by Sumaya Al Marzooqi, Head of Institutional Development and International Relations at SAI United Arab Emirates
Technological advances have impacted the work of most Supreme Audit Institutions (SAIs), and emerging technologies have the potential to further shape the ways in which SAIs contribute to good governance. SAIs are at different stages in their technological journeys, and their use of technology may be affected by factors like the availability of data at client agencies and capacity constraints.
The INTOSAI Working Group for Impact of Science and Technology on Auditing (WGISTA) is exploring this landscape with the help of its members, observers, and the SAI community, who have been quite forthcoming in sharing their experiences in response to WGISTA’s Environment Scanning exercise.
WGISTA’s initial review of responses reinforces its belief that SAIs would do well to give careful consideration to their technological readiness and capacity, because the public sector auditing profession is well positioned to benefit from the adoption of new technologies by governments all over the world.
WGISTA plans to publish a report based on responses to the Environment Scanning that also incorporates a literature review and interviews with academics and leaders in public sector auditing. In the meantime, WGISTA believes it would be of interest to provide a glimpse of the responses it has received so far from SAIs.
Basic Data Analytics
Almost every SAI uses some kind of spreadsheet software, like Excel. A good number of SAIs are also making use of specialized software for data analytics like ACL, IDEA, or Arbutus to overcome the limitations of spreadsheet software for analyzing larger volumes of data. These solutions make it easier to run analytics from a graphical interface, without requiring auditors to create complex formulas.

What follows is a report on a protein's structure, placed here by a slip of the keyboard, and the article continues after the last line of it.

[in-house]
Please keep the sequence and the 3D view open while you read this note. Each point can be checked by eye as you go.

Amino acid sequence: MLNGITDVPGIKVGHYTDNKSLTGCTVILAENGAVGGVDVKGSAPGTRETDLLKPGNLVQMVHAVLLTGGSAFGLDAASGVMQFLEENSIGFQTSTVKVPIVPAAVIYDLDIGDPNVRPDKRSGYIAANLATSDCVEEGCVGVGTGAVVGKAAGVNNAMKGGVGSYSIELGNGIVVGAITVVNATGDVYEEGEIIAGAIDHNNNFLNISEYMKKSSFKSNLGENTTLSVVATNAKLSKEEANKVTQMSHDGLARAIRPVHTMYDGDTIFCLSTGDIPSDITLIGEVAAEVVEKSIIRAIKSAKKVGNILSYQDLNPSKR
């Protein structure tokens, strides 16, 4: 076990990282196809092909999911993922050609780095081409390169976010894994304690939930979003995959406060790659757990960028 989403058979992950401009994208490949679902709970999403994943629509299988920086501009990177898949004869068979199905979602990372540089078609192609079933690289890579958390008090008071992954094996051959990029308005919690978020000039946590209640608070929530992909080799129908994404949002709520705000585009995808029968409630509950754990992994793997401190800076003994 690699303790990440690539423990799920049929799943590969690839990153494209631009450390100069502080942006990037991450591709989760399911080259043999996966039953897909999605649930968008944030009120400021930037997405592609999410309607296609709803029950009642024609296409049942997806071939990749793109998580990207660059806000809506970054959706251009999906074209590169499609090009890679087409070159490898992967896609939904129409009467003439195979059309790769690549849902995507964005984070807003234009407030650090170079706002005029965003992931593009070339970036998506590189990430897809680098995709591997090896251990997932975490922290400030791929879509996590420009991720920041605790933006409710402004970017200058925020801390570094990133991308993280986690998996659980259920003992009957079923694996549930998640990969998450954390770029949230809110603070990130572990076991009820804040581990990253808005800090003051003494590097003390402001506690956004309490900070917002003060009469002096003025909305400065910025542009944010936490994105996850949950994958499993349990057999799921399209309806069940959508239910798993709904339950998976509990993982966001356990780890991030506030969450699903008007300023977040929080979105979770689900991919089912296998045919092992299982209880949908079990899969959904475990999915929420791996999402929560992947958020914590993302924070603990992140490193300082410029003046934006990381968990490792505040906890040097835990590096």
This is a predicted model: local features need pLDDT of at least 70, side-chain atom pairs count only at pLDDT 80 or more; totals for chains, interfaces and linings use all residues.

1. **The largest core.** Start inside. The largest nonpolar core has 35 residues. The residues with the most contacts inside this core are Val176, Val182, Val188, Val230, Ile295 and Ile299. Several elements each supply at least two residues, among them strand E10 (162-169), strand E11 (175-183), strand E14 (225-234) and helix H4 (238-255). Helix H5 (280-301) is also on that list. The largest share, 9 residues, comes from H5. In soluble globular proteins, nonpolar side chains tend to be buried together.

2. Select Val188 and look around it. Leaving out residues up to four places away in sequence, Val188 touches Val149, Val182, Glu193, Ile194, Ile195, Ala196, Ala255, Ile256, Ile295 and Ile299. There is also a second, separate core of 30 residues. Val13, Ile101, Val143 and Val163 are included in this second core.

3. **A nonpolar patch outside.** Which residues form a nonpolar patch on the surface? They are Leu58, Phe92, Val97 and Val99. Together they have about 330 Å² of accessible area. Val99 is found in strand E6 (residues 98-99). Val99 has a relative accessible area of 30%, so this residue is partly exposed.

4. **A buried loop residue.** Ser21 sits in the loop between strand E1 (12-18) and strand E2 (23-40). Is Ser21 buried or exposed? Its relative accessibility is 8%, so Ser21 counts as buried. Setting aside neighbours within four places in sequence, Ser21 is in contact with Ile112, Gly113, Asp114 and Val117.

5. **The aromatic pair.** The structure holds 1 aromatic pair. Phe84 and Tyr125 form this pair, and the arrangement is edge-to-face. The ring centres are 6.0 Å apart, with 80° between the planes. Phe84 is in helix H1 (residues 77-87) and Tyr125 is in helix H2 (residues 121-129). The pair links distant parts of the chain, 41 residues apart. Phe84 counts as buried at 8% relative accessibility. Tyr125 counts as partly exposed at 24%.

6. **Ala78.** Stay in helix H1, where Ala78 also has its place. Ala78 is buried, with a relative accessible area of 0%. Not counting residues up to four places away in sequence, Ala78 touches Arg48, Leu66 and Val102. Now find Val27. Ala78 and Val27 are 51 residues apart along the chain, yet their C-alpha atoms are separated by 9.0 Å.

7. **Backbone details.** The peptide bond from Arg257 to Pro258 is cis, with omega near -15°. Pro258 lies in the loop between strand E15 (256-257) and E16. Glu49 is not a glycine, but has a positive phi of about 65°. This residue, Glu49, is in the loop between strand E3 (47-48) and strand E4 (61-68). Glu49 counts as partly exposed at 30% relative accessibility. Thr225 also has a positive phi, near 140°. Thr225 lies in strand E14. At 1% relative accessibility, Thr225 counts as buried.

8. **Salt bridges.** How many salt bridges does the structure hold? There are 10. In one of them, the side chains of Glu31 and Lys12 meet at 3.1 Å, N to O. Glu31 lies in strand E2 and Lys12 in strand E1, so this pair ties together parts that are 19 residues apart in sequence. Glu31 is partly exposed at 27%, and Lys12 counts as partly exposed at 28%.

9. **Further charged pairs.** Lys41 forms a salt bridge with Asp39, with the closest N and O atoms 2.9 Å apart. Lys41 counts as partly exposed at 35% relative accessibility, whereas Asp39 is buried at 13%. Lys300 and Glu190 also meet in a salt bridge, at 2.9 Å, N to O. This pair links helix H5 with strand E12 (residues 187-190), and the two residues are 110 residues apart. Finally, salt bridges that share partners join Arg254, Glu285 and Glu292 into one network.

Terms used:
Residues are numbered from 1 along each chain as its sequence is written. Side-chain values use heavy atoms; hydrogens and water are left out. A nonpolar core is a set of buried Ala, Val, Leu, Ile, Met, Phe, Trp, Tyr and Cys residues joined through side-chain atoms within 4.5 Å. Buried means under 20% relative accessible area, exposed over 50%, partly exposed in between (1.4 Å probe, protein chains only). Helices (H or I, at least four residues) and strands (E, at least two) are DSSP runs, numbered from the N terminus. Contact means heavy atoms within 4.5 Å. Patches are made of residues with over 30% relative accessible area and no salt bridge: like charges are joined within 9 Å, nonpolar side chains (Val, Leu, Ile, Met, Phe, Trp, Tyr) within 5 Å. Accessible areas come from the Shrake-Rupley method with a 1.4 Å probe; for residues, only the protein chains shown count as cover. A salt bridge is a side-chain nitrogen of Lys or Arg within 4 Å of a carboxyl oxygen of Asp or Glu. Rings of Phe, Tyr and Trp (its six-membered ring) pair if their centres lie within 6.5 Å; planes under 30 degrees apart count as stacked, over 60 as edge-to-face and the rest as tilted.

Advanced Data Analytics
SAIs with greater technological capacity not only use basic data analytics tools, but also write scripts (i.e., code) to customize their results. In addition, some SAIs use Robotic Process Automation—which automates business processes—to identify patterns and glean insights from data derived from different sources.
Many SAIs are going a step further, and breaking free from the limitations of packaged data analytics software by developing custom operating environments using programming languages like R and Python. However, this approach requires in-house expertise in software development and software project management.
It is increasingly important for auditors to use data visualization technologies, not only to more effectively present audit results to stakeholders, but also to help make sense of huge troves of data. SAIs are extensively using software and services like Power BI, Tableau, and Infogram, as well as Python-powered frameworks like Plotly and Matplotlib, to meet this challenge.
Artificial Intelligence (AI) and Machine Learning. As the number of data pipes, volume of data flowing through them, and amount of unstructured data grow, SAIs face considerable challenges. Some SAIs are experimenting with using AI (algorithms designed to make decisions) and machine learning (an application of AI in which systems automatically learn from experience) to gain better insights into data and improve the efficiency of data processing.